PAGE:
Andrea Levin, LCSW-R

330 West 58th Street

Suite 611

New York, N.Y., 10019


(Limited weekend hours available, Upper West Side location)



What makes conversations in therapy different?

First and foremost: they must be safe.  And it's the therapist's responsibility to keep them that way. This means that they are:

  • confidential
  • respectful of you, the client - your boundaries, sensitivities, and values
  • central to an alliance that allows you to express whatever comes up.  Including annoyance with your therapist.  Knowing that your feelings and opinions will be respected.  

Therapy must be safe. And like so many things that heal, it can involve moments of discomfort here and there. After all, you are considering thorny issues: how you came to be in your current life-situation, and what it might take to catalyze change.  To this end, the conversation:

  • helps you become curious about yourself 
  • challenges you in a good way
  • helps you see new aspects of yourself and your situation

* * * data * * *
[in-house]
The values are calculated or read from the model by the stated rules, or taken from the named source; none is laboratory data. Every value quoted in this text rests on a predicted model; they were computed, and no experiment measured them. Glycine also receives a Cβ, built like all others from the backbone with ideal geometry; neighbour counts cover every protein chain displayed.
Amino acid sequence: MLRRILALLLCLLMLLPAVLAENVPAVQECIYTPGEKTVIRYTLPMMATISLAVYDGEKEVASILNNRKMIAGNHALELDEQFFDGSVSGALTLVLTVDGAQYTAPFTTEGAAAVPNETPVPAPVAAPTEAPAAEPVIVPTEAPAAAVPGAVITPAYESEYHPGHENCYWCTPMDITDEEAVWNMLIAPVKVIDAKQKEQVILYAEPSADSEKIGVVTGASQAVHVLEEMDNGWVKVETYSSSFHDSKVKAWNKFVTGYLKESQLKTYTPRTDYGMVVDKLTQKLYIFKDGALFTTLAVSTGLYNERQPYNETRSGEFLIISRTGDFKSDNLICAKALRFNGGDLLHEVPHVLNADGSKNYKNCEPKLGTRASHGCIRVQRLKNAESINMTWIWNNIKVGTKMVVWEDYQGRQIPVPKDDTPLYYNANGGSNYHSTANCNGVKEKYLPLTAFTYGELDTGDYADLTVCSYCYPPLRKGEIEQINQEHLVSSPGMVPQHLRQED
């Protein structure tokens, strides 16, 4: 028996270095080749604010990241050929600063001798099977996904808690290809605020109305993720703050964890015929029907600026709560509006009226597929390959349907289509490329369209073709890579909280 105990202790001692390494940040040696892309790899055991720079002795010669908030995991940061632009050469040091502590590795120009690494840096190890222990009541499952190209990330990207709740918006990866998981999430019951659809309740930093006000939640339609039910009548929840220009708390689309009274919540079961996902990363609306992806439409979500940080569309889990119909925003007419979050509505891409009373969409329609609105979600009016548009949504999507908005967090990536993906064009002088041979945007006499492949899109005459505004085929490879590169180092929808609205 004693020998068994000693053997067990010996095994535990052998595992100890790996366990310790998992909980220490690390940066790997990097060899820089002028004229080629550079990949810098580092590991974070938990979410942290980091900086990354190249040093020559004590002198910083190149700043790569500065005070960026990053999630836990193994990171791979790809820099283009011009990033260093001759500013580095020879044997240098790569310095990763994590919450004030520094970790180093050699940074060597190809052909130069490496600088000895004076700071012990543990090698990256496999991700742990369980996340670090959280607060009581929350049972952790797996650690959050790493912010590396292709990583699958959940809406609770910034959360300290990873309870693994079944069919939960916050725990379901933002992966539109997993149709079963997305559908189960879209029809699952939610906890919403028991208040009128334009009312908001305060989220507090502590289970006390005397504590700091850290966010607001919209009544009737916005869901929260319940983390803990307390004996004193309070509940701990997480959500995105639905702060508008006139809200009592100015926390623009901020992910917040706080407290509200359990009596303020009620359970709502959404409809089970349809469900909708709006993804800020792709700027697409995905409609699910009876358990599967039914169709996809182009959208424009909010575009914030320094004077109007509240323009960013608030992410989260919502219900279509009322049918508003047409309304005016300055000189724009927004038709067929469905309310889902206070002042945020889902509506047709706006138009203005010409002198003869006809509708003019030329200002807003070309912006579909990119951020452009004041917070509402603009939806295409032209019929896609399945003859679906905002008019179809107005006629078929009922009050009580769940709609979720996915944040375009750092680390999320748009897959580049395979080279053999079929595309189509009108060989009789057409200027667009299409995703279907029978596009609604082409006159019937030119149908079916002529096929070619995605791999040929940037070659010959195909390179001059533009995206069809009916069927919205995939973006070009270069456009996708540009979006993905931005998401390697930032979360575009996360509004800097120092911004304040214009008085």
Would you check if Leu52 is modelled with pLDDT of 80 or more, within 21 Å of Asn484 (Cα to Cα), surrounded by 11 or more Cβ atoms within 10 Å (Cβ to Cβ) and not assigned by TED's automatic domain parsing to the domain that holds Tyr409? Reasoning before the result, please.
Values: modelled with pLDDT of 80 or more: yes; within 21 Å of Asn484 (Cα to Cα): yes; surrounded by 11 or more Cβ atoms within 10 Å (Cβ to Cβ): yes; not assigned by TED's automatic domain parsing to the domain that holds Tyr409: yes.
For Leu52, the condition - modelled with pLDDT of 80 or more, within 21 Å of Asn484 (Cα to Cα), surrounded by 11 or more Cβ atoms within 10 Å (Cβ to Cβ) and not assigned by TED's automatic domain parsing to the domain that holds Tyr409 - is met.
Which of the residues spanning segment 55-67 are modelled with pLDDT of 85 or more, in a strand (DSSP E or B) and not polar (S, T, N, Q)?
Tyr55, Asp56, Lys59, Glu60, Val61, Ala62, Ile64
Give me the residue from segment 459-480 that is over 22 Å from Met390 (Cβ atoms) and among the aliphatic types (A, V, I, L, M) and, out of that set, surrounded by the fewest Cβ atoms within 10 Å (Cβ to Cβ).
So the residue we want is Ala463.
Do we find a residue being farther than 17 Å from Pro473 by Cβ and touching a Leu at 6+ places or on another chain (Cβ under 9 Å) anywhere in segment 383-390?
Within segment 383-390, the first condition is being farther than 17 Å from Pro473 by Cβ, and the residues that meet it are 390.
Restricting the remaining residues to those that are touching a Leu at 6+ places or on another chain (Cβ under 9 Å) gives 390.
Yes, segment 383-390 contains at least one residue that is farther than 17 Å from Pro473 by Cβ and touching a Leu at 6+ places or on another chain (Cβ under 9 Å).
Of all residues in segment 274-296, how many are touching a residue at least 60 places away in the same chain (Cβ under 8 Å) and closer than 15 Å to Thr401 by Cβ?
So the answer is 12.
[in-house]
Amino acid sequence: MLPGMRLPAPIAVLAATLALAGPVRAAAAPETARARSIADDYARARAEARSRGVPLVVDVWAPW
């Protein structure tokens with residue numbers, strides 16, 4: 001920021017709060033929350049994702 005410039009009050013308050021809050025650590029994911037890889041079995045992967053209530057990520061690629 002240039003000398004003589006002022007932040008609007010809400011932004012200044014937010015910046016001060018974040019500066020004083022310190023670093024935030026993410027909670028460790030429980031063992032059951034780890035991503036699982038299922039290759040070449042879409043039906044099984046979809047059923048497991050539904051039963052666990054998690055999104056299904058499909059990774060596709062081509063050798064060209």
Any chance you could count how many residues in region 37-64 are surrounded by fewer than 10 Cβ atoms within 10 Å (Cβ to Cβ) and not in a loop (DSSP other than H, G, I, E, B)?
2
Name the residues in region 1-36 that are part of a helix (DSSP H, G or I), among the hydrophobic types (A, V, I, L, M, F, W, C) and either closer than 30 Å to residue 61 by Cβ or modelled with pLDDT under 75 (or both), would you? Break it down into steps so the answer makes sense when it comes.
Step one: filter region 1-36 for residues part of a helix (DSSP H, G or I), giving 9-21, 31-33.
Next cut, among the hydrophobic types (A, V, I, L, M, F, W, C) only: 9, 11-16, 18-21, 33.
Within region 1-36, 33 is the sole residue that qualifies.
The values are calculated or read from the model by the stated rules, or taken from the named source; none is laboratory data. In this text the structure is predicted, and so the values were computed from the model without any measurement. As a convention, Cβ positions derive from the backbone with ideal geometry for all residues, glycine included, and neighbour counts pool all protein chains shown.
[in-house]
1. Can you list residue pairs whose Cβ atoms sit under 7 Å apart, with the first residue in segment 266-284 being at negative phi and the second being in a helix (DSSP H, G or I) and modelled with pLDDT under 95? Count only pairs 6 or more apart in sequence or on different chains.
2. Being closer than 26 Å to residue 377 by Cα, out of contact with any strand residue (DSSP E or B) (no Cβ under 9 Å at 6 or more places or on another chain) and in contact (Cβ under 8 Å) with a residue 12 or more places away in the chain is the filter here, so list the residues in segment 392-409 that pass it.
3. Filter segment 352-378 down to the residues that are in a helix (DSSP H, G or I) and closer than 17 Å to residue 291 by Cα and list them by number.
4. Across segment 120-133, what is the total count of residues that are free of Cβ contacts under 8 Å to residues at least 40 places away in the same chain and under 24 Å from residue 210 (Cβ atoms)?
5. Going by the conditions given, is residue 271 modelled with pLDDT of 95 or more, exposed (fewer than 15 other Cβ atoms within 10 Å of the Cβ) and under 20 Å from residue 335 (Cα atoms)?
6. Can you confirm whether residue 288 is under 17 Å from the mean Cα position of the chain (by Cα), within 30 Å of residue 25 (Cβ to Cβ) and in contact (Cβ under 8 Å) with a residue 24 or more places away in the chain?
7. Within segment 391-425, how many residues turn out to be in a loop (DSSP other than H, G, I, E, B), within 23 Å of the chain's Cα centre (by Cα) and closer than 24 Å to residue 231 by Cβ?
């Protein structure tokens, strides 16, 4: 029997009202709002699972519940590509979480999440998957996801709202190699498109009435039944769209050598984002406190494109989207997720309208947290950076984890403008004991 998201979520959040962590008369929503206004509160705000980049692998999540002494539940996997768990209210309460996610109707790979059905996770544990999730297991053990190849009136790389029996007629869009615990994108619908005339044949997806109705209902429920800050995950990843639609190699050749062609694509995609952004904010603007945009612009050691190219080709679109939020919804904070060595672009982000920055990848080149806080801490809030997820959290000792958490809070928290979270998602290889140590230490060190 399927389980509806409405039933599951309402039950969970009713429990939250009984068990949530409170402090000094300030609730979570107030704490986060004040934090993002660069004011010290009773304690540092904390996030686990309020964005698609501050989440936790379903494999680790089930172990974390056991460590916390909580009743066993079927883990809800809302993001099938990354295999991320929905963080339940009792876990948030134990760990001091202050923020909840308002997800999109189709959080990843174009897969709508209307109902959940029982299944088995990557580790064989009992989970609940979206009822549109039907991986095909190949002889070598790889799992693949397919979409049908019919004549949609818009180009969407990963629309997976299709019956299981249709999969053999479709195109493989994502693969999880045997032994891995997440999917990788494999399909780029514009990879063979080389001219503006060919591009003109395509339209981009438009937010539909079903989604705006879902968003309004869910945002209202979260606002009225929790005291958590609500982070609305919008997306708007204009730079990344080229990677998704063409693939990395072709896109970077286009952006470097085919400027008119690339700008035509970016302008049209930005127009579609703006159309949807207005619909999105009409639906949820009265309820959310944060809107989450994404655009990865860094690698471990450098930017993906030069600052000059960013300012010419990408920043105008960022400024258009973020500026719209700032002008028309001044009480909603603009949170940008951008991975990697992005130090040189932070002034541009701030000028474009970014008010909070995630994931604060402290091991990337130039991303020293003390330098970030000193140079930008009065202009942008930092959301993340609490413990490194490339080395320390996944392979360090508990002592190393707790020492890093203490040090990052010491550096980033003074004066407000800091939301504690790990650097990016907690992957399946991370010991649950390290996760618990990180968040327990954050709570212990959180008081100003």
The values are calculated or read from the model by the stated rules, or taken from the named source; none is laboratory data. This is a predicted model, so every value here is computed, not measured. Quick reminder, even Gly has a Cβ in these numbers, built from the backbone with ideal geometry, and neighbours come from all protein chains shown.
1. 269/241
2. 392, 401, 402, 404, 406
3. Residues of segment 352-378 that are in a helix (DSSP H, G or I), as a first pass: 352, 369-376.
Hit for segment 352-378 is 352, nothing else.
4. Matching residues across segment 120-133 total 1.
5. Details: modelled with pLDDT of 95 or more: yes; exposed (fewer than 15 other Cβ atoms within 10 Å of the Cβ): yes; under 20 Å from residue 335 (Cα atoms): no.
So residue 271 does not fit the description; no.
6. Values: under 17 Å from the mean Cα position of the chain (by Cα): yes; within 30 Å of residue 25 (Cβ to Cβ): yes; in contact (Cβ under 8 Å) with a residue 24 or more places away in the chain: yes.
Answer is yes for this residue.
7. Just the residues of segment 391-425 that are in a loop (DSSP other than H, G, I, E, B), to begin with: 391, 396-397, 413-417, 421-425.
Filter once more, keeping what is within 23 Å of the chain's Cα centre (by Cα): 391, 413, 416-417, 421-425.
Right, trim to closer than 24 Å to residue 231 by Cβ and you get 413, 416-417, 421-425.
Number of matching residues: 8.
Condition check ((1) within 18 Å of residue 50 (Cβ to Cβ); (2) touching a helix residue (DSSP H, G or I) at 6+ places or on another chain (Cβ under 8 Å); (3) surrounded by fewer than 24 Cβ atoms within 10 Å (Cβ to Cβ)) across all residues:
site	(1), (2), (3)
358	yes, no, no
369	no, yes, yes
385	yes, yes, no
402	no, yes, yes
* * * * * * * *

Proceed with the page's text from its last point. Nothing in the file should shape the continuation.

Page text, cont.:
• provides feedback, not silence
  • helps you hone skills in self observation that will serve for a lifetime

The purpose of therapy is change.  We keep this goal in mind, even as we wade into difficult history, murky feelings, and tangled relationships.   Conversation leads to a new experience of yourself, and to understanding:Using this new understanding leads to change.

And change is hard! It can also be exhilarating.  It raises new questions, opens new doors, and points the way to deeper sources of satisfaction in life.

We work without fast-forwarding past the hard parts – but without losing precious time.